Otherwise, the locals can work it out for themselves. They'll be happier, and Key West will be a more interesting place to visit.
We now have a post of national cat-catcher. Isn’t that so patriotic as to swoon? (Not)
Ya think the Dept. of Agriculture would ever be modest and bow out?
Is the Museum federally funded? If so, that’s the problem starting. Do they have an organization to get funding from:1 the public, 2 the state, 3 United Way (they give to feral humans) 4. PETA, 5. ASPCA, 6. business? Doubt they would need Federal funding.
In the fable of the frog and the scorpion, the USDA is the scorpion. Fish gotta swim. Regulators gotta regulate.
I started with a barn cat a couple of years ago. He (Tiger) showed up; just a little fellow, and we took him in.
Did a good job keeping the chipmunks at bay, and was no problem to keep around.
This spring, a couple more cats showed up - his girlfriends no doubt - from his extended days away from home. Now, at last count; there are 17 of the varmits freeloading off of me! No doubt Obama voters all!!
They hang around the porch; fussing and feuding with each other; constantly looking in the window to see when more food will be forth coming.
My wife says I've spoiled them, with the heated floor in the doghouse, and warming their milk to keep it from freezing.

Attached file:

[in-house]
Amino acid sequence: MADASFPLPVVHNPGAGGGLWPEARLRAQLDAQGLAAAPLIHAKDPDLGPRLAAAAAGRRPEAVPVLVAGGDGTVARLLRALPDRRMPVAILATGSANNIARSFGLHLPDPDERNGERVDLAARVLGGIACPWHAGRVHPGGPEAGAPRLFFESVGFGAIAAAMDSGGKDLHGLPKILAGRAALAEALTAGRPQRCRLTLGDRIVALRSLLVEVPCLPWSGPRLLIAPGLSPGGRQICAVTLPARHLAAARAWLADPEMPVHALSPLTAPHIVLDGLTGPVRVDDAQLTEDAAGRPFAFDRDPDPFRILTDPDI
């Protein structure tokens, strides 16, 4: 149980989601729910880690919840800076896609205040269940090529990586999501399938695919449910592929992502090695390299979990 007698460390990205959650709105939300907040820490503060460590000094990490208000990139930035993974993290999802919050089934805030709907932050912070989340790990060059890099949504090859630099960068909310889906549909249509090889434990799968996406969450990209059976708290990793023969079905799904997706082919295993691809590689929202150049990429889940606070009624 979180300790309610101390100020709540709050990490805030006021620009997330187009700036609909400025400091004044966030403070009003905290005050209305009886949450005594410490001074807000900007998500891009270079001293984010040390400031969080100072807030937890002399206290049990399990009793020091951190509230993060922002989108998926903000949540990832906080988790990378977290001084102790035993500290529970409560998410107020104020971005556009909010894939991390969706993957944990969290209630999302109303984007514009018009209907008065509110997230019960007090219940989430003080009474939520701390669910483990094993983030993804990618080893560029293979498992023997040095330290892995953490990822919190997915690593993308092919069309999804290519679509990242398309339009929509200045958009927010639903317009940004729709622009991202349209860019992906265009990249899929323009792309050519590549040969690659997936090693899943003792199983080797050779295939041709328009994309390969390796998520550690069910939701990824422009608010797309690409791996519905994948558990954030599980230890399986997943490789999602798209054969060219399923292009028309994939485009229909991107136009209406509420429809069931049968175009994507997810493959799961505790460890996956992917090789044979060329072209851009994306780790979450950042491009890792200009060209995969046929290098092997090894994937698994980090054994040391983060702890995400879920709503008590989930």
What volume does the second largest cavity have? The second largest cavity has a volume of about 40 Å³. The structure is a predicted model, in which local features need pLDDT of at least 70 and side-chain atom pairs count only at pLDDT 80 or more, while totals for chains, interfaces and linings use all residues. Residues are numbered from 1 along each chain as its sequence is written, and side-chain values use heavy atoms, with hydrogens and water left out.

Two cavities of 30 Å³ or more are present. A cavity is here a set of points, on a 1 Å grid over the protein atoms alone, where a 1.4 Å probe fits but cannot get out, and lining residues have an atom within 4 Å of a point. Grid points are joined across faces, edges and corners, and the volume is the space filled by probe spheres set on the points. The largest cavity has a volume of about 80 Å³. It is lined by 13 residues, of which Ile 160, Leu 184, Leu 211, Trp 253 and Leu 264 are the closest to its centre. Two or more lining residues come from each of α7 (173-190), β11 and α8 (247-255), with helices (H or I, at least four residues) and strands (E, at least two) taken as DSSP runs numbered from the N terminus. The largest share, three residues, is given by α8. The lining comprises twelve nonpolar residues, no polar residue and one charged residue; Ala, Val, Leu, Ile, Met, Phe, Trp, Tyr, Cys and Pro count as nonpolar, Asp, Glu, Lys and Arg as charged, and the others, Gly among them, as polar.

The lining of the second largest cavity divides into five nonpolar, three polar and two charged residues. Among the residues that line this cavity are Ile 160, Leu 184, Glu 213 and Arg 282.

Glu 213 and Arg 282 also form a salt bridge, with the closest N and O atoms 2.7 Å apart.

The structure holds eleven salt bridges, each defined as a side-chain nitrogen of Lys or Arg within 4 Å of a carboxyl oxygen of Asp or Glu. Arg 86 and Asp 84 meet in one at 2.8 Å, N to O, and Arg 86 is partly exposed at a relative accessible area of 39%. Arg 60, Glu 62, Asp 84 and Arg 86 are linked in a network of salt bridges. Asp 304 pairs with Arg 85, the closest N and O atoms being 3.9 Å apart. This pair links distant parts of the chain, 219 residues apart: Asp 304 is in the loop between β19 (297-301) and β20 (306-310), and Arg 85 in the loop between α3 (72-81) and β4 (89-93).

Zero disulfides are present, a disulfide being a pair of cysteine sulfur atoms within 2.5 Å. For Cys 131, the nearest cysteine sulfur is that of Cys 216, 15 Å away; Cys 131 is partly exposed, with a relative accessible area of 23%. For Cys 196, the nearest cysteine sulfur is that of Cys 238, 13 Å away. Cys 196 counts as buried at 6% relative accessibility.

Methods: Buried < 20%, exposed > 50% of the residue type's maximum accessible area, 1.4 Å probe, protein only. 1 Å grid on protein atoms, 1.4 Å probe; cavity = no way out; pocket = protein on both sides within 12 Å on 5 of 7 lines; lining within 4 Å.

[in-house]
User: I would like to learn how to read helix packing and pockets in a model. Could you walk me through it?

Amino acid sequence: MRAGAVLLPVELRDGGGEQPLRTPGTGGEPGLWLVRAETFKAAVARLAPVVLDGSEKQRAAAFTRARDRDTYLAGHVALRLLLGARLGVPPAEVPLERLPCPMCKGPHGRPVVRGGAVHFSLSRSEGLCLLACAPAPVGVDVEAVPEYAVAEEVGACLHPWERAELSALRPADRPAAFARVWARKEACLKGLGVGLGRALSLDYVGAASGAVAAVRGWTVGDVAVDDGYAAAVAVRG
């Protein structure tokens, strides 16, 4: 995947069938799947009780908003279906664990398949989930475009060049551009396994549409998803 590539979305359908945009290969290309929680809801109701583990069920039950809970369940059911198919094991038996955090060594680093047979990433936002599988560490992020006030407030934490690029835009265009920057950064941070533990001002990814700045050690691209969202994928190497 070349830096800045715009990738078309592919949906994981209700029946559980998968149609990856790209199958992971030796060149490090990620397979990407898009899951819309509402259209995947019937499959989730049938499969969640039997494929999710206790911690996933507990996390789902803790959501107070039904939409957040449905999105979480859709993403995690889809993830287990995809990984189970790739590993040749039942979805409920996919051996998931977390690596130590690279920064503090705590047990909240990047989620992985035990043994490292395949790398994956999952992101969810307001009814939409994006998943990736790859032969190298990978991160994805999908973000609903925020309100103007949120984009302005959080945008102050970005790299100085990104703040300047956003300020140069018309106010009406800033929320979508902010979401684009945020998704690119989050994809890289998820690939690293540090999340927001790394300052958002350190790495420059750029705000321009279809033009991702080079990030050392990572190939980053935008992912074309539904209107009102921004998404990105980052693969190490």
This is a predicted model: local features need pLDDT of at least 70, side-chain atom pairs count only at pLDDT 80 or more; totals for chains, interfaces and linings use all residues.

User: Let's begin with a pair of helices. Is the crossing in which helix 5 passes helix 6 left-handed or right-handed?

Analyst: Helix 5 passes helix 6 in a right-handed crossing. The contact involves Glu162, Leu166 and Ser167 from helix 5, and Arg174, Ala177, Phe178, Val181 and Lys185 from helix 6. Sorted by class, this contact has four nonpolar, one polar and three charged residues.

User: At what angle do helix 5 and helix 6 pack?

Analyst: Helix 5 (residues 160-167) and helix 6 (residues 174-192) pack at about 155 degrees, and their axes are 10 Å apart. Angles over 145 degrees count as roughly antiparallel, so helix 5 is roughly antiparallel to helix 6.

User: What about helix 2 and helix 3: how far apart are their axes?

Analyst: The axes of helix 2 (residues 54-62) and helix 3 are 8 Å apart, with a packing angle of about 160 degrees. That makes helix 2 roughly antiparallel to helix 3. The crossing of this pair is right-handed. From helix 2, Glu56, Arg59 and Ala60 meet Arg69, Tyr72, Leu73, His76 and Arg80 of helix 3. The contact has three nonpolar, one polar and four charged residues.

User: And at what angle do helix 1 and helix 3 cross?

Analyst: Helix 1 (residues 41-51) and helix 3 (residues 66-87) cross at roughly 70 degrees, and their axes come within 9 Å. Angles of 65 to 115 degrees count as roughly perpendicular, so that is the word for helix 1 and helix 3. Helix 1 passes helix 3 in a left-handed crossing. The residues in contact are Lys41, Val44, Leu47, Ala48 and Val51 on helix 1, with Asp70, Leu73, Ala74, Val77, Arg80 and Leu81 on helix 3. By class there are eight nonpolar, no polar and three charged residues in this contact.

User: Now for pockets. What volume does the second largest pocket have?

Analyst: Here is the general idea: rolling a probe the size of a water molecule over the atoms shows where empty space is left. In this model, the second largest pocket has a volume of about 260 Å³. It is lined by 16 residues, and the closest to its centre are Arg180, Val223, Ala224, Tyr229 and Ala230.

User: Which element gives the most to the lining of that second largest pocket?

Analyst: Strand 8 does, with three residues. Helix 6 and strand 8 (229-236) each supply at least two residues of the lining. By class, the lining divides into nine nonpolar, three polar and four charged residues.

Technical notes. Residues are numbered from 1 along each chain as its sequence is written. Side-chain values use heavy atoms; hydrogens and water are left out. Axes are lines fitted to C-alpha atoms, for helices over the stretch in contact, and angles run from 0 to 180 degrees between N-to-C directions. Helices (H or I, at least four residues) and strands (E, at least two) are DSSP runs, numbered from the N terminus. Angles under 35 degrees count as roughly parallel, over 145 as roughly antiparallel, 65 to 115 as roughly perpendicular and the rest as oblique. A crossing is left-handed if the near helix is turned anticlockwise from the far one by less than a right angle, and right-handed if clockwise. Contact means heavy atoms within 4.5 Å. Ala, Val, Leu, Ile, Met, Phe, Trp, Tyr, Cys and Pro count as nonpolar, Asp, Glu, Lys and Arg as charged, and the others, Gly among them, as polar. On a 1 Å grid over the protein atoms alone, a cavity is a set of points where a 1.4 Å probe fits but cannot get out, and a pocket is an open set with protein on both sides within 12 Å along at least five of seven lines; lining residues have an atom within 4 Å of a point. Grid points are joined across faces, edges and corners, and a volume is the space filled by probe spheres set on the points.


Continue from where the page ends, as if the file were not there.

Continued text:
Of course, I did it all out of sake for the
chilrun kitties and NOW look what's happened. If they EVER find out about free medical care; my economy is DOOMED!
Imagine the Key West liberals getting fed up with the Washington leftists and shooting them. Now wouldn’t that be a twist on all the scenarios we imagine that would ignite CW II?
Or, according to the article, another option is to get rid of the cats. Who knows what a museum with limited funds might do given unappetizing options might do - sort of a destroy a village to save it option.
It is almost impossible to get the average lib to understand the difference between allowing the fed government, or any government, to do its constitutionally uauthorized duties and allowing it to do anything it wants. Of course most libs are people who seek greater power over other people just because they can. To ask them to back off from overreaching governmental incursions into private territory is like asking a wild animal not to trespass into your yard. It won’t understand anything except force.